UMD student discusses the possibility of loan forgiveness

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The Supreme Court is deciding on whether or not the President has the constitutional powers of student loan debt forgiveness. President Biden’s campaign promise of forgiving student debt includes $10,000 for individuals making less than $125,000 annually. However, for individuals who applied with the Pell grant, would have $20,000 of debt forgiven.

Clancy Heath, a freshman at UMD says he knows how loan forgiveness would help college students. However, he understand the other side of the issue. “I kind of get the other perspective of people who don’t have a lot of student loans,” Heath said. “I mean, they kind of have to pay more taxes in order to help out other people pay off their debt.” Heath said.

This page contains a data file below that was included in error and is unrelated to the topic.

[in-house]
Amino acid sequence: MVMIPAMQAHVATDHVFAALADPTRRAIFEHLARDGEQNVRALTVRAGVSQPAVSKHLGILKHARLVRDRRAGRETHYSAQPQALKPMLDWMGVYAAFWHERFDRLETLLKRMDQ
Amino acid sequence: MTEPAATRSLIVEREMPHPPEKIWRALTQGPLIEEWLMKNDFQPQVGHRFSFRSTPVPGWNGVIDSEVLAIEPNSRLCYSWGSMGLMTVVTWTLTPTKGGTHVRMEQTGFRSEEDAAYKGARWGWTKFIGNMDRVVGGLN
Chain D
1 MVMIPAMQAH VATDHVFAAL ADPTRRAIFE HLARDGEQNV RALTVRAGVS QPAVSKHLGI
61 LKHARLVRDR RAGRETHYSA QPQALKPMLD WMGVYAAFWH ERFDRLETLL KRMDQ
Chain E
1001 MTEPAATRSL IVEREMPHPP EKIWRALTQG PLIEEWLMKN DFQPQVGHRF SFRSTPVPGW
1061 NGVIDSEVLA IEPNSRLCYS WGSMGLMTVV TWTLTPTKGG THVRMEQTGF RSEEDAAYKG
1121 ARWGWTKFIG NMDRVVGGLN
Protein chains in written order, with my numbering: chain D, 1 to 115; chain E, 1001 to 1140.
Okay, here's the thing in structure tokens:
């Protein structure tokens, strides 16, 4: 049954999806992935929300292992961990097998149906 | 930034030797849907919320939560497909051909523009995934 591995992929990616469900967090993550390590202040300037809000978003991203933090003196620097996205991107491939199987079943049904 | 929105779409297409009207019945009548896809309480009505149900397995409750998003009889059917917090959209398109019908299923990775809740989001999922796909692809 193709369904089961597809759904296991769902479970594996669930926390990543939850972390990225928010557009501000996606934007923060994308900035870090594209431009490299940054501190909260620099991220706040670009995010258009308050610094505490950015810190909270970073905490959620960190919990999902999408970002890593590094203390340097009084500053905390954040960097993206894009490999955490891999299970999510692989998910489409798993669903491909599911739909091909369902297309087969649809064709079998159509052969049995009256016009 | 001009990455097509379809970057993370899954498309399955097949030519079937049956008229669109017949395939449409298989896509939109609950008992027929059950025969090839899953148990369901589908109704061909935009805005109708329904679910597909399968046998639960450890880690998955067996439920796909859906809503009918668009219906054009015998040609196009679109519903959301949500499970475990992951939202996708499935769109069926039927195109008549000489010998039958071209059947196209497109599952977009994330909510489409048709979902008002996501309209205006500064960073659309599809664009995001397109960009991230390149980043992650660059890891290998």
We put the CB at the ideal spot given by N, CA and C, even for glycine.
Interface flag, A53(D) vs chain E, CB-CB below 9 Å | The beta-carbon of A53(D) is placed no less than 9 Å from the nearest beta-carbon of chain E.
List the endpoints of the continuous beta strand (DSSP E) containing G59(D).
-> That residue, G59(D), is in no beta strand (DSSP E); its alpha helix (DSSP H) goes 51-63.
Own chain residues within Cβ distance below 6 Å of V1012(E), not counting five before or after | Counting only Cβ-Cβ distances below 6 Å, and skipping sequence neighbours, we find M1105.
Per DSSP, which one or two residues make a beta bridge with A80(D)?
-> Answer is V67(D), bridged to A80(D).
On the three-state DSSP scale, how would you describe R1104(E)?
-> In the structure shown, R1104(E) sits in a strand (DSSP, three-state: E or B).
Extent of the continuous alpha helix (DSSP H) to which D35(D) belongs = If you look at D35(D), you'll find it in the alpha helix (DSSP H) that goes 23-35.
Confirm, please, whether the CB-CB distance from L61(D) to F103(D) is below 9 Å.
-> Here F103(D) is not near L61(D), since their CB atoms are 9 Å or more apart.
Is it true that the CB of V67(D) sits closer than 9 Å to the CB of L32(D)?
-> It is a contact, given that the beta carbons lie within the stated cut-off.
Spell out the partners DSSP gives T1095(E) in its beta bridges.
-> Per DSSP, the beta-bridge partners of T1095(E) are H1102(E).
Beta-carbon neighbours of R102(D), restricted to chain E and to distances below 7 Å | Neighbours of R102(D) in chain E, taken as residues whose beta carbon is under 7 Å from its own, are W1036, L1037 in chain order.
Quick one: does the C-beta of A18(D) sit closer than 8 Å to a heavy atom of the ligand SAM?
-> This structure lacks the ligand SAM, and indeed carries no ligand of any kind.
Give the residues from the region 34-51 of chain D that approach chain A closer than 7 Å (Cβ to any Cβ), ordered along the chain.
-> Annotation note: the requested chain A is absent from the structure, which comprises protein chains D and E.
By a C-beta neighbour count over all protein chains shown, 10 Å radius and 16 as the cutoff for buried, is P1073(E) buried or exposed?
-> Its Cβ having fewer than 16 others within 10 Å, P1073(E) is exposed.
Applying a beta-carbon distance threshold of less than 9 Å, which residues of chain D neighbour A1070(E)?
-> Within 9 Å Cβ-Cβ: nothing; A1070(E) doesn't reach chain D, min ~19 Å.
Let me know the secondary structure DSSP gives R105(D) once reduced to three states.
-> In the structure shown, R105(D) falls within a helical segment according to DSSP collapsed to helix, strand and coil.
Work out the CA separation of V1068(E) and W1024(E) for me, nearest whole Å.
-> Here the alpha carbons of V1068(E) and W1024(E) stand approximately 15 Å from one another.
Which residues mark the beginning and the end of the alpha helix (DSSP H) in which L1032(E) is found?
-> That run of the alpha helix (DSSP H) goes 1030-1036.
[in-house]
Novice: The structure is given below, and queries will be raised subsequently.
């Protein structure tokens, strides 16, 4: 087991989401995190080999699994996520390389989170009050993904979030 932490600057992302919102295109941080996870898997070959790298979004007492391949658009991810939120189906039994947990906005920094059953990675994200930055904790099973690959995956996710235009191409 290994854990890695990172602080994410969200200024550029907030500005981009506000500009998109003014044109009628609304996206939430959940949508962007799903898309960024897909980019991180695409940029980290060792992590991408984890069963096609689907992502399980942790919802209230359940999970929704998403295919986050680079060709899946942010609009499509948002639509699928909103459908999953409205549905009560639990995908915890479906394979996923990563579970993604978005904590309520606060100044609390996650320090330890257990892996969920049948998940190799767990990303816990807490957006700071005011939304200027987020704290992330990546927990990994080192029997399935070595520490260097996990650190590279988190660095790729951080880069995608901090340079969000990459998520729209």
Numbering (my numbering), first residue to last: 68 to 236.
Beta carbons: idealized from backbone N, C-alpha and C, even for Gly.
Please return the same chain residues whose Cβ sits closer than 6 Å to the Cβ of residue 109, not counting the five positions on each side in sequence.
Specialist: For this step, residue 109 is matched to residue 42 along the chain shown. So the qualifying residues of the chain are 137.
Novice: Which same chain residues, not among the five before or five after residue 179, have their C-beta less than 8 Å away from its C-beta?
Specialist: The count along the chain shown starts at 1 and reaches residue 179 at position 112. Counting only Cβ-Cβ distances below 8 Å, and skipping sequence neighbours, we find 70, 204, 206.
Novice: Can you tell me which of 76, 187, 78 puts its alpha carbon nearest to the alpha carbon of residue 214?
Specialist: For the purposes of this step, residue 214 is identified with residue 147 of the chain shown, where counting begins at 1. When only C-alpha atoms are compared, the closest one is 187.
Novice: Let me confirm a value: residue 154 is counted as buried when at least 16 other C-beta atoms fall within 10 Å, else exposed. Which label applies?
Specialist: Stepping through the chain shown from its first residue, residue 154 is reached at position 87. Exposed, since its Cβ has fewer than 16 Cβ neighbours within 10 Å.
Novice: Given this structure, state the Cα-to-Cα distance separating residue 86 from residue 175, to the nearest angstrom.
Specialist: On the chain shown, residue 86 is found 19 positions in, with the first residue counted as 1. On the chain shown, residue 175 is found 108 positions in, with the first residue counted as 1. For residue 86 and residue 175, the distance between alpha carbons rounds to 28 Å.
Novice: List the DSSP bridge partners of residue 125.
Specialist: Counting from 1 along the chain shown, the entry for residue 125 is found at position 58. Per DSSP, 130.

The Supreme Court is reviewing two separate lawsuits filed by two student loan borrowers and six republican led states. These states argued the president’s plan is an illegal abuse of power and is unfair to some borrowers. “So I kind of see the unfairness of that.” Heath says about college students. “We’re kind of like, just getting money to pay for school. Why not take it?”

However, more than half of American support the president’s plan for student loan debt forgiveness. If the high court decided the President does not have these emergency powers it could potentially limit other presidential powers in the future. The Supreme Court is expected to release their decision by June of 2023.

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